8. Heidarzadeh, M., & Satake, K. (2015a). Source properties of the 1998 July 17 Papua New Guinea tsunami based on tide gauge records. Geophysical Journal International, 202(1), 361–369.CrossRefGoogle Scholar
  9. Heidarzadeh, M., & Satake, K. (2015b). New Insights into the Source of the Makran Tsunami of 27 November 1945 from Tsunami Waveforms and Coastal Deformation Data. Pure and Applied Geophysics, 172(3), 621–640.CrossRefGoogle Scholar
  10. Heidarzadeh, M., Harada, T., Satake, K., Ishibe, T., & Takagawa, T. (2017). Tsunamis from strike-slip earthquakes in the Wharton Basin, northeast Indian Ocean: March 2016 M w7. 8 event and its relationship with the April 2012 M w 8.6 event. Geophysical Journal International, 211(3), 1601–1612.Google Scholar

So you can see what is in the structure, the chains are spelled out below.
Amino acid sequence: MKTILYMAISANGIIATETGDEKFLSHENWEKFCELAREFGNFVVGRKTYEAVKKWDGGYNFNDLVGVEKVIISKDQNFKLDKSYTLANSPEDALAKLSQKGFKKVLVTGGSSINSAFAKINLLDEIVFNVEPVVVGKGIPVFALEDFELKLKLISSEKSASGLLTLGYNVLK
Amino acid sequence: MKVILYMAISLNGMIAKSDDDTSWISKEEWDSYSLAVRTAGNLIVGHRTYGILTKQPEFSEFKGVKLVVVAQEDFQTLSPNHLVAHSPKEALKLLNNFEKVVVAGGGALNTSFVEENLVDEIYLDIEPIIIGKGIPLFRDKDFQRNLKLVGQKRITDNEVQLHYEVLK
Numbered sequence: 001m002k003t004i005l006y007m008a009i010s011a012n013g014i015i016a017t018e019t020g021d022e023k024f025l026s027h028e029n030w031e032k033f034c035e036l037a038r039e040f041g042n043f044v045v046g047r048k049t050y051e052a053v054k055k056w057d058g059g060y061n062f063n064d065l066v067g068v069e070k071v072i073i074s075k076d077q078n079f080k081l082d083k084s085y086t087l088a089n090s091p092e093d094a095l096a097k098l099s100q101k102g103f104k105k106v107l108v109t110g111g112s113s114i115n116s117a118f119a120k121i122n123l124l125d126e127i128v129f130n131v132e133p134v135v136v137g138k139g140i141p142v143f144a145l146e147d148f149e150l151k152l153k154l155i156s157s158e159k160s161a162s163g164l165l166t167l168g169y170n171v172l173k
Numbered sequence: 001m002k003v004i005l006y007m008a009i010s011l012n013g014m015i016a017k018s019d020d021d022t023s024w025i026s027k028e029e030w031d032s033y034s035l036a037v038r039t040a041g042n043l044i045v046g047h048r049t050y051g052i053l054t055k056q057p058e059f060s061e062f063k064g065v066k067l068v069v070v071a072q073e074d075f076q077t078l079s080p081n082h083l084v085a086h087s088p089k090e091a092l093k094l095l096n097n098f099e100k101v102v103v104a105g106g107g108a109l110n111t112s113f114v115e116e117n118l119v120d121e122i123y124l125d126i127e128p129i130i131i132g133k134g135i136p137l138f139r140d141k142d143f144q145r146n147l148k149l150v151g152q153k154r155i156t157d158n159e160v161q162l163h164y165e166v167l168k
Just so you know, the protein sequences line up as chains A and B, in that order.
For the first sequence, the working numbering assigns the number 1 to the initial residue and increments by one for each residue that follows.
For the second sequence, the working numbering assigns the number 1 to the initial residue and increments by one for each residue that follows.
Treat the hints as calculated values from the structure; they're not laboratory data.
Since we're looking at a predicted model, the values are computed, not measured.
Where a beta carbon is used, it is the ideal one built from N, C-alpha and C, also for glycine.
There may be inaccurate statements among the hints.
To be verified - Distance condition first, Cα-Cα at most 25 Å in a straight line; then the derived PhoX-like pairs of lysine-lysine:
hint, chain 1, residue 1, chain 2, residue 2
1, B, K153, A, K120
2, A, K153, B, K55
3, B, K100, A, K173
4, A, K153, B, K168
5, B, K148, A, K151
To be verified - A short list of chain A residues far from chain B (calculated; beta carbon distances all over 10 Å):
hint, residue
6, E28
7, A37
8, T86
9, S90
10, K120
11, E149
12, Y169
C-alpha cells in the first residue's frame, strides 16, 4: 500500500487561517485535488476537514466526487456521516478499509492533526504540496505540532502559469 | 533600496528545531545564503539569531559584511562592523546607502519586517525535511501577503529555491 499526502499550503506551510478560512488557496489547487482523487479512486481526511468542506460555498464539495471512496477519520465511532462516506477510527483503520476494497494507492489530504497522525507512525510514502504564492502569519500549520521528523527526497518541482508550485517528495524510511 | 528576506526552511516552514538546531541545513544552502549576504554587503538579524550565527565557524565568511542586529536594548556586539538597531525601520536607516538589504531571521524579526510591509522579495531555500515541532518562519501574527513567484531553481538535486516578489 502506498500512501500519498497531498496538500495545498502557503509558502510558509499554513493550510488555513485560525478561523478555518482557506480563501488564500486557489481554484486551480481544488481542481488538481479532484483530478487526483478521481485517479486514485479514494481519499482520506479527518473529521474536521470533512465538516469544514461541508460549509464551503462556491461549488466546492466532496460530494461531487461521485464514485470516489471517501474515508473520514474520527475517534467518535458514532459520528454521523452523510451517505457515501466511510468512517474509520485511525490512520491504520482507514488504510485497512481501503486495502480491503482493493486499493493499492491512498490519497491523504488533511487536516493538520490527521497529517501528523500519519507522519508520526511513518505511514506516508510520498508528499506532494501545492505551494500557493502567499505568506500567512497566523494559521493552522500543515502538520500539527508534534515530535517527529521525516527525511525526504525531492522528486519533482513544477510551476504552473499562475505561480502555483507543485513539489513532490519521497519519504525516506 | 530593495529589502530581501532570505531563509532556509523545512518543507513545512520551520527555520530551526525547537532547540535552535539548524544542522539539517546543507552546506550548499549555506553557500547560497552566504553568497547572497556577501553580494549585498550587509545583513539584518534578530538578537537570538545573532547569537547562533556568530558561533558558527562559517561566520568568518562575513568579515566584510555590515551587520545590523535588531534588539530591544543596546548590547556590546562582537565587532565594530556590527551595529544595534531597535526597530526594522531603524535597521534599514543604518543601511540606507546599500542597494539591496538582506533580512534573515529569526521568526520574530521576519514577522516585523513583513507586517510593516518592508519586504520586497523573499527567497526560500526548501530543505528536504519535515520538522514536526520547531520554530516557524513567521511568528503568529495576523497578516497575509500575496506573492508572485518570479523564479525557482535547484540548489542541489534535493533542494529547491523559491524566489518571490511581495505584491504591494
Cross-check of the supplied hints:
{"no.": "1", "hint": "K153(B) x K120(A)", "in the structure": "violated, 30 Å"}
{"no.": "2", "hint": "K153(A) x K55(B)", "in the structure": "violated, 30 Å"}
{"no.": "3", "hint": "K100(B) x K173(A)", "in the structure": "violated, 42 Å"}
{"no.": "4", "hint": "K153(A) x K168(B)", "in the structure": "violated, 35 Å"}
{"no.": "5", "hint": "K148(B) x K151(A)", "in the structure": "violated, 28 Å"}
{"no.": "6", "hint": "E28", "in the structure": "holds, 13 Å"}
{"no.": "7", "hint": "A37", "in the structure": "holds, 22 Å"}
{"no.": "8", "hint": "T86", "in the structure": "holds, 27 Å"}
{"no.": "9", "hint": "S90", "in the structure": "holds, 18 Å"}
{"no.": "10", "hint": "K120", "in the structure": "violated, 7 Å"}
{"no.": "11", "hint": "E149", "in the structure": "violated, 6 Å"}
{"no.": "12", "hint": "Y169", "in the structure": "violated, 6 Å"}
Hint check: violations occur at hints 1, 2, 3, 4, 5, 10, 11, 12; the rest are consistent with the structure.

11. Heidarzadeh, M., & Satake, K. (2017). Possible dual earthquake-landslide source of the 13 November 2016 Kaikoura, New Zealand tsunami. Pure and Applied Geophysics, 174(10), 3737–3749.CrossRefGoogle Scholar
  12. Heidarzadeh, M., Satake, K. (2017b). A Combined Earthquake-Landslide Source Model for the Tsunami from the 27 November 1945 M 8.1 Makran Earthquake. Bulletin of the Seismological Society of America, 107 (2), 1033–1040.Google Scholar
  13. Imamura, F., Shuto, N., Goto, C. (1988). Numerical simulation of the transoceanic propagation of tsunamis. In: Proceedings of 6th Congress Asian and Pacific Regional Division, IAHR, Japan.Google Scholar
  14. Imamura, F., Muhari, A., & Arikawa, T. (2018). Field survey of Palu Tsunami, 20180928, http://irides.tohoku.ac.jp/media/files/earthquake/eq/2018_sulawesi_eq/Preriminary_Field_Survey_Report_20181008b2.pdf